Gauging risk needs
Don't take more risk than necessary
Last week, I explored why the roller-coaster ride known as the stock market had made investors lose their appetite for stocks in recent months. However, that discussion is incomplete without addressing the reality that investors remain confused about how to gauge risk and how the determine how much risk they need to assume.
As noted last week, risk means different things to different people - there is no standard definition. I'd go so far as say that risk has a customized definition for each of us.
For instance, many retirees simply want to ensure that they live longer than their investments so that they never see the day that their portfolio goes down to zero. Some simply want to die broke so that every last penny is enjoyed. Yet others want to minimize the up and down fluctuations in value. Finally, more aggressive investors will often get attached to a specific target rate of return, like ten per cent annually.
In conjunction with outlining what you want your money to do for you (i.e. defining your objective), think about what risk means to you - rather than to your neighbours or to the media.
The risk premium
Sally is a 65-year-old retired widow with a portfolio worth $500,000. She needs to take $30,000 each year to cover her lifestyle expenses (including taxes) - a figure that will need to rise as her lifestyle costs rise. She wants to plan for at least thirty years since her family history is filled with longevity. How much risk must Sally take to achieve her goal?
Upon first glance, it might appear as if Sally would be fine with guaranteed investment certificates (GICs), but that's not the case. Sure, the initial amount she needs only adds up to 6% of her total current portfolio value. However, GICs will only allow her to increase her cash flow if interest rates rise - and then only if she can roll over her GIC at sufficiently higher rates.
Currently, five-year GIC rates are hovering around the 4 per cent mark. If she locked in that rate for the next five years, Sally would need a guaranteed rate of 7.5 per cent in each of the next twenty-five years to ensure that her portfolio runs out of money at the end of the thirtieth year.
Posted five-year GIC rates have averaged just south of 7 per cent annually over the past fifteen years. Hence, securing 7.5 per cent for twenty-five years is not realistic - particularly when you consider that persistently high inflation would be needed to sustain interest rates at that level for such a long time.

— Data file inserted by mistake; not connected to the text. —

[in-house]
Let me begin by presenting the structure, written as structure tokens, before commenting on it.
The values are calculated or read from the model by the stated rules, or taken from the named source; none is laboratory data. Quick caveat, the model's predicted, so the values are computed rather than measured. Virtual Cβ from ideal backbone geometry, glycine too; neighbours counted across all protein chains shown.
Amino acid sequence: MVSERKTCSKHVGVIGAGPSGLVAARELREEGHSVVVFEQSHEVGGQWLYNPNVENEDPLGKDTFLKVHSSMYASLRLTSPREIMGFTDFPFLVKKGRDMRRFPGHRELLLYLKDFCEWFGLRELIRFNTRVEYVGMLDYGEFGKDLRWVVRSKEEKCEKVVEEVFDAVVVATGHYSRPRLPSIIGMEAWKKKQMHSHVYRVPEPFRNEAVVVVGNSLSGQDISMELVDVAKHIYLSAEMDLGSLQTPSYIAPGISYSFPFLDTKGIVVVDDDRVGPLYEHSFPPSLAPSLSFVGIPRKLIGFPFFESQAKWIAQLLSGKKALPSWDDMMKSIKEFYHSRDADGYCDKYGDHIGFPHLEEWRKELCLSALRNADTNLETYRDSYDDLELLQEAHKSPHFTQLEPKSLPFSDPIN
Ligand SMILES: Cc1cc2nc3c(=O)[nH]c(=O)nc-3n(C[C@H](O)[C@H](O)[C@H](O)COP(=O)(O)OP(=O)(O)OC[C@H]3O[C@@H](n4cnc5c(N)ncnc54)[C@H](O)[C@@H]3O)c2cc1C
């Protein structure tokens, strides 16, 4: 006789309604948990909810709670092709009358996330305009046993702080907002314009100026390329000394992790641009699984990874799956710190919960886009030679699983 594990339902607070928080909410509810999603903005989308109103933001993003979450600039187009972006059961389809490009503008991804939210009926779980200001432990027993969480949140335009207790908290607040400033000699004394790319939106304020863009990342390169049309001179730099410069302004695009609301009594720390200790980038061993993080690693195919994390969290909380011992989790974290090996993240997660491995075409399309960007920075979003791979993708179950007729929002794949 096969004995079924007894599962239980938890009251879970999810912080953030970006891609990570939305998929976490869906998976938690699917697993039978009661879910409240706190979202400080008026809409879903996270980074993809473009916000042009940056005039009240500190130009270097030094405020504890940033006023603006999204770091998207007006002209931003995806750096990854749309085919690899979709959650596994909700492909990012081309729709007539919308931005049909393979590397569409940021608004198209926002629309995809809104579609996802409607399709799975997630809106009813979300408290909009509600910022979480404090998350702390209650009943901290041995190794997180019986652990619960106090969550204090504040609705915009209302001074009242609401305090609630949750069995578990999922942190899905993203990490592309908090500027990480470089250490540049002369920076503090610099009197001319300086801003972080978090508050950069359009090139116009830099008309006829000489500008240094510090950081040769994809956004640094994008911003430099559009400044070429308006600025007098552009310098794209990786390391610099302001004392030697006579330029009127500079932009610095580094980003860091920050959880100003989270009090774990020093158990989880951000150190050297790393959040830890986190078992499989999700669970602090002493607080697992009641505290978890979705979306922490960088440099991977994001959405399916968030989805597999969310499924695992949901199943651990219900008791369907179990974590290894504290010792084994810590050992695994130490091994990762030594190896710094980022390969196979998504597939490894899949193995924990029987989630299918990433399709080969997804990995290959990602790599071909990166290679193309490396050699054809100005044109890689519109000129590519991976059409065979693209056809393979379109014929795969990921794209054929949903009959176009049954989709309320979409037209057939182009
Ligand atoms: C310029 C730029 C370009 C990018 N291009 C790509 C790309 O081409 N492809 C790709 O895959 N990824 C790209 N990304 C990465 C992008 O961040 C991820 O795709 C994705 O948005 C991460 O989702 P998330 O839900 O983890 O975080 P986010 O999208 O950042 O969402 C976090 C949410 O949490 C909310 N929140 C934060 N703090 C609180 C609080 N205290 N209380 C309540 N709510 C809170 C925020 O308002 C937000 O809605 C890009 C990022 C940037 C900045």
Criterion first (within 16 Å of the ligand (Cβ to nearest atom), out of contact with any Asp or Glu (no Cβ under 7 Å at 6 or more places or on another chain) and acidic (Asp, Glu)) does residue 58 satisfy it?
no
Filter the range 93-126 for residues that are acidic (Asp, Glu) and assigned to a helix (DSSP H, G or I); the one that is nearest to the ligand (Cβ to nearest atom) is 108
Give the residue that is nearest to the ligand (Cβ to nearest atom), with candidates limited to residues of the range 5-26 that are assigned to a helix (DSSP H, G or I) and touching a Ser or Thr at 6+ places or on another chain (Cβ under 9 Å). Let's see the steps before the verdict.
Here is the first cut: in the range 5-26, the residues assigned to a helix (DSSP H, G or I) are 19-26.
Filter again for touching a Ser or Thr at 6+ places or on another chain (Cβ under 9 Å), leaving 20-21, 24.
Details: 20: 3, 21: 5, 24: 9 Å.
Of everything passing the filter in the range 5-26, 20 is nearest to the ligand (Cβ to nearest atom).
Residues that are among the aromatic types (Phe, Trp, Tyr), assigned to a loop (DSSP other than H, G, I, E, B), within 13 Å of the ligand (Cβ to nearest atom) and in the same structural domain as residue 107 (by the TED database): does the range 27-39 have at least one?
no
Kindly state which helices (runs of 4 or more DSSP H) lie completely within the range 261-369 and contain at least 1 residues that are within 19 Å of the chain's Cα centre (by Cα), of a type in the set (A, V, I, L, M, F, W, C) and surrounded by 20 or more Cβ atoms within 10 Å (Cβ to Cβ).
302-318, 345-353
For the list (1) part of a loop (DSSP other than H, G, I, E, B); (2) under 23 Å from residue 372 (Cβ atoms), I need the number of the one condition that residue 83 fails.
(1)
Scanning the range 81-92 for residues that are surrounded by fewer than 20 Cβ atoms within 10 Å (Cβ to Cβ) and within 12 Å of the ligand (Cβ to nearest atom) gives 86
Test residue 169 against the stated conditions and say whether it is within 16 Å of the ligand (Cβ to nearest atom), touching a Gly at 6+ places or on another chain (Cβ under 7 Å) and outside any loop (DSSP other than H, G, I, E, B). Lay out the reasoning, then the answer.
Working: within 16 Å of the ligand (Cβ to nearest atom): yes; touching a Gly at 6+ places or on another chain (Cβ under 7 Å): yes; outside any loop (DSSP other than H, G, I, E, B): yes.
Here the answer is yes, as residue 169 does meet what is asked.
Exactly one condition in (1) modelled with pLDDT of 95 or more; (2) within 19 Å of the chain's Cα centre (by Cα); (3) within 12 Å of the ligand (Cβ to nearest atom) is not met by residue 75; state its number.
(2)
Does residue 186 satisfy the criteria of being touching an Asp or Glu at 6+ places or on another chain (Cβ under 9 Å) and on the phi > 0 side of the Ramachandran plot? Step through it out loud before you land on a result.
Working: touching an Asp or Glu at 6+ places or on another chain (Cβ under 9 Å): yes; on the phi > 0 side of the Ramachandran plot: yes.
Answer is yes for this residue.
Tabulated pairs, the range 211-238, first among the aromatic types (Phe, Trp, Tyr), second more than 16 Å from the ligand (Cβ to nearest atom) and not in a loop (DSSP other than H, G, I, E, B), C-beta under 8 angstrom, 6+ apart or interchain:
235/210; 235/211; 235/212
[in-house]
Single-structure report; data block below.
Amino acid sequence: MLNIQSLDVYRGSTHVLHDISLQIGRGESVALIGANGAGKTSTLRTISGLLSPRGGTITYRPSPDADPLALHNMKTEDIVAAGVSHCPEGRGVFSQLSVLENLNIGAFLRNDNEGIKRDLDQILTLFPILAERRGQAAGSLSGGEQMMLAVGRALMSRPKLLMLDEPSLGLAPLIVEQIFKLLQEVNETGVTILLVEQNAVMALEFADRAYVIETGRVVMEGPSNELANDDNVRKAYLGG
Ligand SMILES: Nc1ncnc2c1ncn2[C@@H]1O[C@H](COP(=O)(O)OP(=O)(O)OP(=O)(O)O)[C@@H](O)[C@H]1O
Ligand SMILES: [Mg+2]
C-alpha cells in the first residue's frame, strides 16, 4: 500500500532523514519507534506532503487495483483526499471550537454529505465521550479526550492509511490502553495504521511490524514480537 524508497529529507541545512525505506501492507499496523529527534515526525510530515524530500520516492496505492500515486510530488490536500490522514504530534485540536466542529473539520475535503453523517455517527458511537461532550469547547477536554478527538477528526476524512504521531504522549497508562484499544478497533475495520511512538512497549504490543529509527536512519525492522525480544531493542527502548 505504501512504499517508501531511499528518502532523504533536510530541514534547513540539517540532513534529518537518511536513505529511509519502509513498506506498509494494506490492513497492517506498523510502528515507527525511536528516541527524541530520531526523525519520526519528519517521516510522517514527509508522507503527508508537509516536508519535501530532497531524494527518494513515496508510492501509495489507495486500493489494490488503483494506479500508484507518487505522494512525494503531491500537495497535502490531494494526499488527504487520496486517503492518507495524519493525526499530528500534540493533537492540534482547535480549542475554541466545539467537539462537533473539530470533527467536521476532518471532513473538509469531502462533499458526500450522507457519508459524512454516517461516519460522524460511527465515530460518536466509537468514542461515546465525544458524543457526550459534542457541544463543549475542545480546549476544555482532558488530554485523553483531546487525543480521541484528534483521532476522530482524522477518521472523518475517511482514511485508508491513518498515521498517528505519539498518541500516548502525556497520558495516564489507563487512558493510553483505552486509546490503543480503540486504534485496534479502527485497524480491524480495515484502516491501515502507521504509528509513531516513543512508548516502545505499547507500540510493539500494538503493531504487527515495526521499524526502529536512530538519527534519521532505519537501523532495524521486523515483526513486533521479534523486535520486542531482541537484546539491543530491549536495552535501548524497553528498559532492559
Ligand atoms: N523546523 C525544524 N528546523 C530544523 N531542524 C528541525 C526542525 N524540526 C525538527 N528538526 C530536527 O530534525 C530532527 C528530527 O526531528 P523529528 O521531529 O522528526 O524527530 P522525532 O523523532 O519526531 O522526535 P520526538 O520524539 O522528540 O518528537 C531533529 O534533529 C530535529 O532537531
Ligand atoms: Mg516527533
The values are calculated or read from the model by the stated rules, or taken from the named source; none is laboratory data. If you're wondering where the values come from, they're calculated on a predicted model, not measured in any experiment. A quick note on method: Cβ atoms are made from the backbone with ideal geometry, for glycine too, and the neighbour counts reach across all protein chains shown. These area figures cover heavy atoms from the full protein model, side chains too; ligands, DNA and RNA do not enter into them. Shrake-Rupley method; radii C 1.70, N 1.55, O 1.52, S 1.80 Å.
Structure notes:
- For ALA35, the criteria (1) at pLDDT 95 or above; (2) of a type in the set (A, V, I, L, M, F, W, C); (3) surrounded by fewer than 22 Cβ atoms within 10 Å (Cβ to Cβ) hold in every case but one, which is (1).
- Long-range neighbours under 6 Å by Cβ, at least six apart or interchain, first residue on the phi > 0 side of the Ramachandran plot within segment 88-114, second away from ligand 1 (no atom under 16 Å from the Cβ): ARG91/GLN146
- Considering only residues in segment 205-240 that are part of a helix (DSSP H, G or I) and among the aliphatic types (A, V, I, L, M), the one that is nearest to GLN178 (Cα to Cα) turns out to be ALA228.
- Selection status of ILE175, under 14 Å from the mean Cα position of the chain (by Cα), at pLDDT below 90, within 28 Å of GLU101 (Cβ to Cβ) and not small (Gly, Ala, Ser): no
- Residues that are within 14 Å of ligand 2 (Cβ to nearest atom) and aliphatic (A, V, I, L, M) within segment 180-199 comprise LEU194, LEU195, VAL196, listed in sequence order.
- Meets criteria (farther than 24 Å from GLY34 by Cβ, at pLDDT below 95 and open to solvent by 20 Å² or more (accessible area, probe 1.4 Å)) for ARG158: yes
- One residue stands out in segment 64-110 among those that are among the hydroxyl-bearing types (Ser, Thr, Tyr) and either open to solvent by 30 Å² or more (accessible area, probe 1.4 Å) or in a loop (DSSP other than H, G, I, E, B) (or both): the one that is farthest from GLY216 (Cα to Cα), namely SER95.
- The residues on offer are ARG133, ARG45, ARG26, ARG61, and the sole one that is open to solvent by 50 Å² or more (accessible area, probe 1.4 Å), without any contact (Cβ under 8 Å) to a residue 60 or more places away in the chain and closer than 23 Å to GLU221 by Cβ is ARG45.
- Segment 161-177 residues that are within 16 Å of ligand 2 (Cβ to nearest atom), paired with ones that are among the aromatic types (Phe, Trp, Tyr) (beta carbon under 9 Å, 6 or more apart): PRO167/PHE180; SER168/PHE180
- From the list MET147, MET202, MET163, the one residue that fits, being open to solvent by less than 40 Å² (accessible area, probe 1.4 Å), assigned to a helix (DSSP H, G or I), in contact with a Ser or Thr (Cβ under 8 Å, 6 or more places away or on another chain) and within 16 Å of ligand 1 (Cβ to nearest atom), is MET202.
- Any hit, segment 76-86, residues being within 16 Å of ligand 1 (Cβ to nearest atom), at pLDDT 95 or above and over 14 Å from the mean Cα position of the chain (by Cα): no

Sally will now be left with a decision: How much of her portfolio must she expose to risk (i.e. stock, bonds, and other non-guaranteed investments) for her to achieve her desired level of consistent cash flow?
Since she will be introducing some level of risk into her portfolio, Sally will also need a higher rate of return to compensate for that risk (i.e. a risk premium). I figure Sally will need to generate an average annual compound rate of return of about 8 annually. That figure comes from the initial withdrawal amount as a percentage of her current value, 6 per cent ($20k / $500k), plus an estimated 2 per cent annualized inflation protection.
It's a rough estimate, but it's close to what would be required. Based on a return requirement of 8 per cent annually, Sally will need a diversified mix of stocks, bonds (i.e. domestic, foreign, real return), cash, and hard assets (i.e. natural resources, precious metals, and real estate). How much of each component she decides upon depends not only on her return requirement, but also on her personal comfort level.
In summary, Sally can't meet her objectives simply by investing entirely in guaranteed vehicles. She must introduce some investments into her portfolio that don't carry guarantees but that offer the potential of higher returns. Higher returns are needed to make the extra risk worthwhile. That extra return is known as a risk premium.
(For a refresher on the factors affecting the sustainability of regular portfolio withdrawals, take a peek at this recent article)
It doesn't make a whole lot of sense for investors like Sally to take more risk than is needed. If a GIC will comfortably meet your goals, then go for it. It's boring, but if it gets the job done, there's no need to get fancy.
However, most investors don't have the luxury of being able to achieve their investment goals with plain old GICs. This is particularly true of investors that have specific estate plans that involve leaving money to heirs. In such a case, both the needs of the current investor and those of the future heirs need to be taken into consideration in structuring the portfolio.
Deciding on specific investment strategies is a very individual decision. Clearly defining your rate of return needs will help in deciding how much risk is needed.
Dan Hallett, CFA, CFP is the President of Dan Hallett & Associates Inc. in Windsor Ontario. DH&A is registered as Investment Counsel in Ontario and provides independent investment research to financial advisors. He can be reached at firstname.lastname@example.org
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